H.R.4222 - Prevent Health Care Fraud Act of 2009111th Congress (2009-2010)
|Sponsor:||Rep. Brown-Waite, Ginny [R-FL-5] (Introduced 12/08/2009)|
|Committees:||House - Energy and Commerce|
|Latest Action:||12/09/2009 Referred to the Subcommittee on Health. (All Actions)|
This bill has the status Introduced
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Summary: H.R.4222 — 111th Congress (2009-2010)All Bill Information (Except Text)
Introduced in House (12/08/2009)
Prevent Health Care Fraud Act of 2009 - Establishes in the Department of Health and Human Services (HHS) the Office of the Deputy Secretary for Health Care Fraud Prevention. Requires the Office to: (1) direct the implementation within HHS of health care fraud prevention and detection recommendations made by federal and private sector antifraud and oversight entities; (2) routinely consult with HHS's Office of the Inspector General, the Attorney General, and private sector health care antifraud entities to identify emerging fraud issues requiring immediate action; (3) provide for the design, development, and operation of a predictive model antifraud system to analyze health care claims data in real-time to identify high risk claims activity and develop a comprehensive antifraud database for federal health agency activities; (4) promulgate and enforce regulations relating to the reporting of data claims to such system by federal health agencies; (5) establish thresholds for fraudulent, wasteful, or abusive claims for excluding providers or suppliers from participation in federal health programs and for the referral of claims to law enforcement entities; and (6) share antifraud information and best practices.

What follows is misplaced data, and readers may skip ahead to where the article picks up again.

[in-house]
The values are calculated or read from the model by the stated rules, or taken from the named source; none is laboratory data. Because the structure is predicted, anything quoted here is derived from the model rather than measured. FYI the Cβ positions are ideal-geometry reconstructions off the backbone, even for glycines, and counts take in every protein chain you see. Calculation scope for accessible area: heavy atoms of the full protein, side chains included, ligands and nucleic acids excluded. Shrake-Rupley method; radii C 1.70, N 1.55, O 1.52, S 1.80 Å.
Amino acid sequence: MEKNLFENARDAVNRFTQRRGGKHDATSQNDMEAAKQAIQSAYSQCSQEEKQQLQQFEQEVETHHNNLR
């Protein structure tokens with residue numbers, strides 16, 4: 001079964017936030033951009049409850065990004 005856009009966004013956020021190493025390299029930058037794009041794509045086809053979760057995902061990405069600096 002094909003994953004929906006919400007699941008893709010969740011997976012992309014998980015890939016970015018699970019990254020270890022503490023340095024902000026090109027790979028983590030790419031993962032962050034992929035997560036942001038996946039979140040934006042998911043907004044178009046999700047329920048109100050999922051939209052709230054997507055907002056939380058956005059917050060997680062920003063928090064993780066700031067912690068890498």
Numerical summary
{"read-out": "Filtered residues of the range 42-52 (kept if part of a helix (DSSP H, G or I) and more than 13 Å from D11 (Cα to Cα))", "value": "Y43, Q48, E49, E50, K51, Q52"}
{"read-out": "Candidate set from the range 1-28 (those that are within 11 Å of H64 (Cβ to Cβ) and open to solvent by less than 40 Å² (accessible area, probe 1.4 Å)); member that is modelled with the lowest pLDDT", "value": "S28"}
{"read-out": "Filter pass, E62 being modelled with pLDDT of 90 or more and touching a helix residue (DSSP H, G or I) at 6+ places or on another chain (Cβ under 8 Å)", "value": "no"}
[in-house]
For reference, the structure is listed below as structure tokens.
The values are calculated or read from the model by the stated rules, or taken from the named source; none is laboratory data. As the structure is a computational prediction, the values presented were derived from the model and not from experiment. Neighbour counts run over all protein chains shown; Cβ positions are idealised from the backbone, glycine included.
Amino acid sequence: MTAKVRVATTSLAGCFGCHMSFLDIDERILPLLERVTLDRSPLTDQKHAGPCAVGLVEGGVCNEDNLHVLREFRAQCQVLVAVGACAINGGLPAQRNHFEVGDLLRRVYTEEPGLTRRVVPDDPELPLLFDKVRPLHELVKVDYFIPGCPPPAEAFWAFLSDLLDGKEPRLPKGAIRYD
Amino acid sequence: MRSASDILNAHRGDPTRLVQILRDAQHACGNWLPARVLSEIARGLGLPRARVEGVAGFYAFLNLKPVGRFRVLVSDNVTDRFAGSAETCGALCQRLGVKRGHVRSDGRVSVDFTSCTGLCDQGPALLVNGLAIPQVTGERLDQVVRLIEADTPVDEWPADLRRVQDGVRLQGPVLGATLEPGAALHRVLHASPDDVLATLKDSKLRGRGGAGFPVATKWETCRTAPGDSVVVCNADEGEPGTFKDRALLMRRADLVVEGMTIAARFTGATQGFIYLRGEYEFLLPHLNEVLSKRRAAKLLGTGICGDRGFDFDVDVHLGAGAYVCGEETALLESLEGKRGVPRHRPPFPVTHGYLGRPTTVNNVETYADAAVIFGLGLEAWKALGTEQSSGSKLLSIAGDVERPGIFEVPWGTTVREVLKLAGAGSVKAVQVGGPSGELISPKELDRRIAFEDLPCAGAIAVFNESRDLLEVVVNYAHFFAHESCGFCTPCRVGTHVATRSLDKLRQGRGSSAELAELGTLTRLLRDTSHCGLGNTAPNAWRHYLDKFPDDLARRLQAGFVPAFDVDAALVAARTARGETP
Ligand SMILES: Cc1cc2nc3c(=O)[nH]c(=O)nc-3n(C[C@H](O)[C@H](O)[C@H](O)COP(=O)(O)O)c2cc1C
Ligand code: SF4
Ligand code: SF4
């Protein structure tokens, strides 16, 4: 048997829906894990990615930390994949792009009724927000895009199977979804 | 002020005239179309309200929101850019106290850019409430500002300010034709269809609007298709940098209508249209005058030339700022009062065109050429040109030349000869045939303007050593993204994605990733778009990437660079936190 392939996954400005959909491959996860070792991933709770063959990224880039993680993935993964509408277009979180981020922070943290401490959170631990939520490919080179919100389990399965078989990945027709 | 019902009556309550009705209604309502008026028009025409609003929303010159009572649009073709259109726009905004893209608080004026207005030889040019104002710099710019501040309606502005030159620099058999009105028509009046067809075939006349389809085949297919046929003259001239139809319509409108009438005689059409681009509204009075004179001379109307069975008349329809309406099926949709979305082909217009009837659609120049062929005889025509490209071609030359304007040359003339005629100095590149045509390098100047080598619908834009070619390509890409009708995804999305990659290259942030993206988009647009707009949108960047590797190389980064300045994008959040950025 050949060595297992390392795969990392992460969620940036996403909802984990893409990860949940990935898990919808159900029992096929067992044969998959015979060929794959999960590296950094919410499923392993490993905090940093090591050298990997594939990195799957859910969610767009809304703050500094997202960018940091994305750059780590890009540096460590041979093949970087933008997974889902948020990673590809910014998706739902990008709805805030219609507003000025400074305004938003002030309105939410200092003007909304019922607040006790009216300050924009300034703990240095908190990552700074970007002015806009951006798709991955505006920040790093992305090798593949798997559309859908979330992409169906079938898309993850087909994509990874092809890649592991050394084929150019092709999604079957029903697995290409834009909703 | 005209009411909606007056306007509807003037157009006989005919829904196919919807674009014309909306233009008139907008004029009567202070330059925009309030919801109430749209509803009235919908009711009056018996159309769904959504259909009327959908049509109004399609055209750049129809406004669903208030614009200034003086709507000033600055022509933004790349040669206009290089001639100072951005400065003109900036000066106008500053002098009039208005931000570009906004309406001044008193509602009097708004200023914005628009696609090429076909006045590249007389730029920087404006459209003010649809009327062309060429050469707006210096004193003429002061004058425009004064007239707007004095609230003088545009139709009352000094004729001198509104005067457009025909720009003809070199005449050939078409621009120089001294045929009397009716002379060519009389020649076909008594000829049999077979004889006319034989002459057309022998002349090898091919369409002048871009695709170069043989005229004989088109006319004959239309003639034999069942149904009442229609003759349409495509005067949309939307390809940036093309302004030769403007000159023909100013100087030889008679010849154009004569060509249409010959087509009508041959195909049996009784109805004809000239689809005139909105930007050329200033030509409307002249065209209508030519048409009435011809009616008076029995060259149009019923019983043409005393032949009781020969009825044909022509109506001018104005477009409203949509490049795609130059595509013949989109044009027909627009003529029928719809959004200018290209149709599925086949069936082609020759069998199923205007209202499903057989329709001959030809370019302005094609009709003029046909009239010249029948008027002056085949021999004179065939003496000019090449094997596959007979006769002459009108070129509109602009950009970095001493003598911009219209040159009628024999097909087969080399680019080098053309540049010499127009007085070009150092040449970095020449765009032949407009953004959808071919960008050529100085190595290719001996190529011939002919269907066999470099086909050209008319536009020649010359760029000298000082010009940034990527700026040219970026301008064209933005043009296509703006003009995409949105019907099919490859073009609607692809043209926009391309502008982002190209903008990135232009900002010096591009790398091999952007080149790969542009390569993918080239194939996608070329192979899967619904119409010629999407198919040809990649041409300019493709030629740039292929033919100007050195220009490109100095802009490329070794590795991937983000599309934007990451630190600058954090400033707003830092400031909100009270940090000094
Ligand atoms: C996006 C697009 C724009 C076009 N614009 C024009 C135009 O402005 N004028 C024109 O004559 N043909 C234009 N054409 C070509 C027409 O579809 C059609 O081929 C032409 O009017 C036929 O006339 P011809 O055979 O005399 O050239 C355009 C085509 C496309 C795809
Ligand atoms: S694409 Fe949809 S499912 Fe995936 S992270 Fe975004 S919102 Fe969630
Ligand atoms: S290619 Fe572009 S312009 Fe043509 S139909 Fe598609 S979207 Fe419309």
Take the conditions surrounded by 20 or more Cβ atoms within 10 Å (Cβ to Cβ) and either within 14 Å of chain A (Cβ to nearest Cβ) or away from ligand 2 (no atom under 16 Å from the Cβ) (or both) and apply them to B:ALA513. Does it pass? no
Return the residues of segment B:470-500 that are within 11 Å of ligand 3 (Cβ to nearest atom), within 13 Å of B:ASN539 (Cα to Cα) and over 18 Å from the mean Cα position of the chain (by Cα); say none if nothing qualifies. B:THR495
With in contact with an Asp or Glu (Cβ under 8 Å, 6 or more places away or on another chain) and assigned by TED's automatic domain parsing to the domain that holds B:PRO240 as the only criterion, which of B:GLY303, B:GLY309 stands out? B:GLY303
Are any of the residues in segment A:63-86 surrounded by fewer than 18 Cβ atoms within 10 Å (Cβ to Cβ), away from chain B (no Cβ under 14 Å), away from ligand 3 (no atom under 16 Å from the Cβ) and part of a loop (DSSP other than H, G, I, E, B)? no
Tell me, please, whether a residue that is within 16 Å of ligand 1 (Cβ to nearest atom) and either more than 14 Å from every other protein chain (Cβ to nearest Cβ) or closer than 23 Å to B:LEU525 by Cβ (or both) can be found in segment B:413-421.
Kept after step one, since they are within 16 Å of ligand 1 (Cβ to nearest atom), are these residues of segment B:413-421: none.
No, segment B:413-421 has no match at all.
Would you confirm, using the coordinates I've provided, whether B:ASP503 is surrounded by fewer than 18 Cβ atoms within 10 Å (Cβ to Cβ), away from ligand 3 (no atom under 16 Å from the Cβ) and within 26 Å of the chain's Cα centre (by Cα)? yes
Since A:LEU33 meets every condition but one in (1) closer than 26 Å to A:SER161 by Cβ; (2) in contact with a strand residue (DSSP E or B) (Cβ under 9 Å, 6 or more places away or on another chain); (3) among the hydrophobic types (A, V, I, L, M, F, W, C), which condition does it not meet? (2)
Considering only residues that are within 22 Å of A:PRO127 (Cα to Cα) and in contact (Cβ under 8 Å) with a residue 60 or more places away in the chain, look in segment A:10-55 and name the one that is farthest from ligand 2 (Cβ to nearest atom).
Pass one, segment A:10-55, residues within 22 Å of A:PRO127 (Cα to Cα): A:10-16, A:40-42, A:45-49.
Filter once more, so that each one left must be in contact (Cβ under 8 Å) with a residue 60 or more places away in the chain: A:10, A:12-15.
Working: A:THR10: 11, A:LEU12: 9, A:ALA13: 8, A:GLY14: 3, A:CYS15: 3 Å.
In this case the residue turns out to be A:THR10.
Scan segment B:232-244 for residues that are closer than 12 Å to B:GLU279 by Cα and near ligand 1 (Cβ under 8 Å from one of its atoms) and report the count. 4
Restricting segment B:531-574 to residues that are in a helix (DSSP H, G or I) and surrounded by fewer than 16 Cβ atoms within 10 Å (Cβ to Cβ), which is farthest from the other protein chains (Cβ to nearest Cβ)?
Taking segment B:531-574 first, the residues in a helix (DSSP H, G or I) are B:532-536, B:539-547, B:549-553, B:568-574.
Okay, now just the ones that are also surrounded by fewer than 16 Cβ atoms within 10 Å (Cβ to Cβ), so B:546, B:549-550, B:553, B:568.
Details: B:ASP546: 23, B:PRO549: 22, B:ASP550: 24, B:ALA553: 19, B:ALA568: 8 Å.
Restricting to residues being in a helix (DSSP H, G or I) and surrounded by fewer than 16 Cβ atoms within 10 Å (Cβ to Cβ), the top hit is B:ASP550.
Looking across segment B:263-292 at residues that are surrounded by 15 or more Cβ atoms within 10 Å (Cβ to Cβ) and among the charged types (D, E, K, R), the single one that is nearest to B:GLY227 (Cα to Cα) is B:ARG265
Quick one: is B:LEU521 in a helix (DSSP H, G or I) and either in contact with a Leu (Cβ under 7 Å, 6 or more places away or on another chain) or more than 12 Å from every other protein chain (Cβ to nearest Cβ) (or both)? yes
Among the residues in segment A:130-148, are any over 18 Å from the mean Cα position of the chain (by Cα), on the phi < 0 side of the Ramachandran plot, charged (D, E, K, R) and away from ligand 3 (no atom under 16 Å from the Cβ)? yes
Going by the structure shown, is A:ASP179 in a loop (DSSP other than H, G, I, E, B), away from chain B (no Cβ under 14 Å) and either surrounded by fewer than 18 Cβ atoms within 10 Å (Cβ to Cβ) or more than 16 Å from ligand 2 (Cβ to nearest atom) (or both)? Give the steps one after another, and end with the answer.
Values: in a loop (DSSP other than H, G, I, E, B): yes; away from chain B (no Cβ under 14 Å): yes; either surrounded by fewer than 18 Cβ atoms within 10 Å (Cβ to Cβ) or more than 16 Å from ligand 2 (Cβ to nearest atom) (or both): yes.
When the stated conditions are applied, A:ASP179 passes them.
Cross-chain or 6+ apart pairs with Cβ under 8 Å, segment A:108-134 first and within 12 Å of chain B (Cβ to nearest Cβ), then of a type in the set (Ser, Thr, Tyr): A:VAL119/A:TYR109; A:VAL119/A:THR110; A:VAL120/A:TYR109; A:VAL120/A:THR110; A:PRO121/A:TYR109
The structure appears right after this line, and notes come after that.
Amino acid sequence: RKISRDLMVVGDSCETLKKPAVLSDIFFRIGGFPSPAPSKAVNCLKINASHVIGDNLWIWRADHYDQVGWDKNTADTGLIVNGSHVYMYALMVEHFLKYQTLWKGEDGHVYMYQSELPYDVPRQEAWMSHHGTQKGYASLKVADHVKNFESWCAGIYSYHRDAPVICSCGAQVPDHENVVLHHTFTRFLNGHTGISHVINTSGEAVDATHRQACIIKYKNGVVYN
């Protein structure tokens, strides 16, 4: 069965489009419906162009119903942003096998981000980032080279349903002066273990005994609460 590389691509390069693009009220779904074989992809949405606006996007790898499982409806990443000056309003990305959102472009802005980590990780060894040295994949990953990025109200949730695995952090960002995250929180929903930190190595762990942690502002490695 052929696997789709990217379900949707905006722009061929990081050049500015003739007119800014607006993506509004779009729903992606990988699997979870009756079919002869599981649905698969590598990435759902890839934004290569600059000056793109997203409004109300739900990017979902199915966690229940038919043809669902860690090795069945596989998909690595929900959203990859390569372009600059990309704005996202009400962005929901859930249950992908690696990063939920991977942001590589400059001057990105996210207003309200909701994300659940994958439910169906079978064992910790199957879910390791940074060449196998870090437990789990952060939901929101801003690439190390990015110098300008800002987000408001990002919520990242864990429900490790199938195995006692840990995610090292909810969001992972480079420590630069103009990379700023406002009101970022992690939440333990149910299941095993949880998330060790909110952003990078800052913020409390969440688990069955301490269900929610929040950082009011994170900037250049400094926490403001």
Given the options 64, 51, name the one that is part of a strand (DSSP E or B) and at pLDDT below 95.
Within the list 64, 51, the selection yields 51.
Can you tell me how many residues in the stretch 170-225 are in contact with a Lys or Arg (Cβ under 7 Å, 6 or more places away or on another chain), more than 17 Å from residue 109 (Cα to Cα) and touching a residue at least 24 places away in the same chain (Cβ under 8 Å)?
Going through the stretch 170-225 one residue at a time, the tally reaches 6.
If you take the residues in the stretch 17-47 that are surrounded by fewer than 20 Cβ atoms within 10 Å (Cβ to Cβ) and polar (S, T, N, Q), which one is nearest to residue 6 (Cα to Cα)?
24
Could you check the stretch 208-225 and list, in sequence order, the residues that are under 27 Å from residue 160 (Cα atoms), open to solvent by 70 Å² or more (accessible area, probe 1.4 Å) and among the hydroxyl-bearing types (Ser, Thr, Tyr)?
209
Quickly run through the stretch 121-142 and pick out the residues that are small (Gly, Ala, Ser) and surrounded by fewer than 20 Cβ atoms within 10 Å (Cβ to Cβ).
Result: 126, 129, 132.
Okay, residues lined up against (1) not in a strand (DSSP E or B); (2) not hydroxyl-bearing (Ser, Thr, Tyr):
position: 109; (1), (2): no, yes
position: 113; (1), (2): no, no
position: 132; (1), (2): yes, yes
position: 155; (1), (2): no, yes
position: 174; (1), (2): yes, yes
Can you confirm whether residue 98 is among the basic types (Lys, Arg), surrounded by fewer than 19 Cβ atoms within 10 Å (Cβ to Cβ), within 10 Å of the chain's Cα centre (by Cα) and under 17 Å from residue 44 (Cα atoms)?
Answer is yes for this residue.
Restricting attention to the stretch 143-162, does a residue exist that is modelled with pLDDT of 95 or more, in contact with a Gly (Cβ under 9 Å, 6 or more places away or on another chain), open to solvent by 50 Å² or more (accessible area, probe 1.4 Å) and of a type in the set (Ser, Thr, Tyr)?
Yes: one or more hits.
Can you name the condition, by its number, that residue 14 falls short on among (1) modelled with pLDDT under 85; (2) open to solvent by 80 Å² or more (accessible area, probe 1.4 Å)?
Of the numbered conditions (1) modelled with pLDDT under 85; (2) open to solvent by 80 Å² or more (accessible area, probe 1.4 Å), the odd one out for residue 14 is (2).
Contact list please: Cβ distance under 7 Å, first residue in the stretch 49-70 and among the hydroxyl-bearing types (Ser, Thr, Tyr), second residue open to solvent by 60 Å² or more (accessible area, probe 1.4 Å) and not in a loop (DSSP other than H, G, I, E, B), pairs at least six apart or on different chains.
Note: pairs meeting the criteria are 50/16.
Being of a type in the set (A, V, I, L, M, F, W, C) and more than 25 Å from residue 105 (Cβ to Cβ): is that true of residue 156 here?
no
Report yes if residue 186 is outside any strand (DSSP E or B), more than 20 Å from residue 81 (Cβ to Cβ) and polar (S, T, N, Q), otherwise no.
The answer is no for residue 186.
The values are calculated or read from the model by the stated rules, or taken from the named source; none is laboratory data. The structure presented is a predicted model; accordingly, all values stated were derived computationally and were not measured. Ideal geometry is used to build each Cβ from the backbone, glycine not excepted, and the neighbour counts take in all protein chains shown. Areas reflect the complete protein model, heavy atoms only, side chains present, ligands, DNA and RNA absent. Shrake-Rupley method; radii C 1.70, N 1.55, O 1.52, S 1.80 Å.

Sets forth requirements for the fraud prevention system, including that it shall: (1) allow viewing of all provider and patient activities across all federal health program payers; (2) provide for a centralized file for data from all government health insurance claims data sources; (3) provide real-time ability to identify high-risk behavior patterns across markets, geographies, and specialty group providers; (4) involve the implementation of a predictive modeling technology that is designed to prevent waste, fraud, and abuse; (5) systematically present scores, reason codes, and treatment actions for high-risk scored transactions; (6) monitor consumer transactions in real-time and monitor provider behavior at different stages within the transaction flow based upon provider, transaction, and consumer trends; and (7) not be designed to deny health care services or to negatively impact prompt-pay laws because assessments are late.
Directs the Deputy Secretary to: (1) prohibit the payment of any health care claim identified as potentially fraudulent, wasteful, or abusive until the claim has been verified as valid; and (2) provide maximum protection of personal privacy consistent with carrying out the Office's responsibilities.
Directs the Secretary to establish procedures for the implementation of fraud and abuse detection methods under all federal health programs.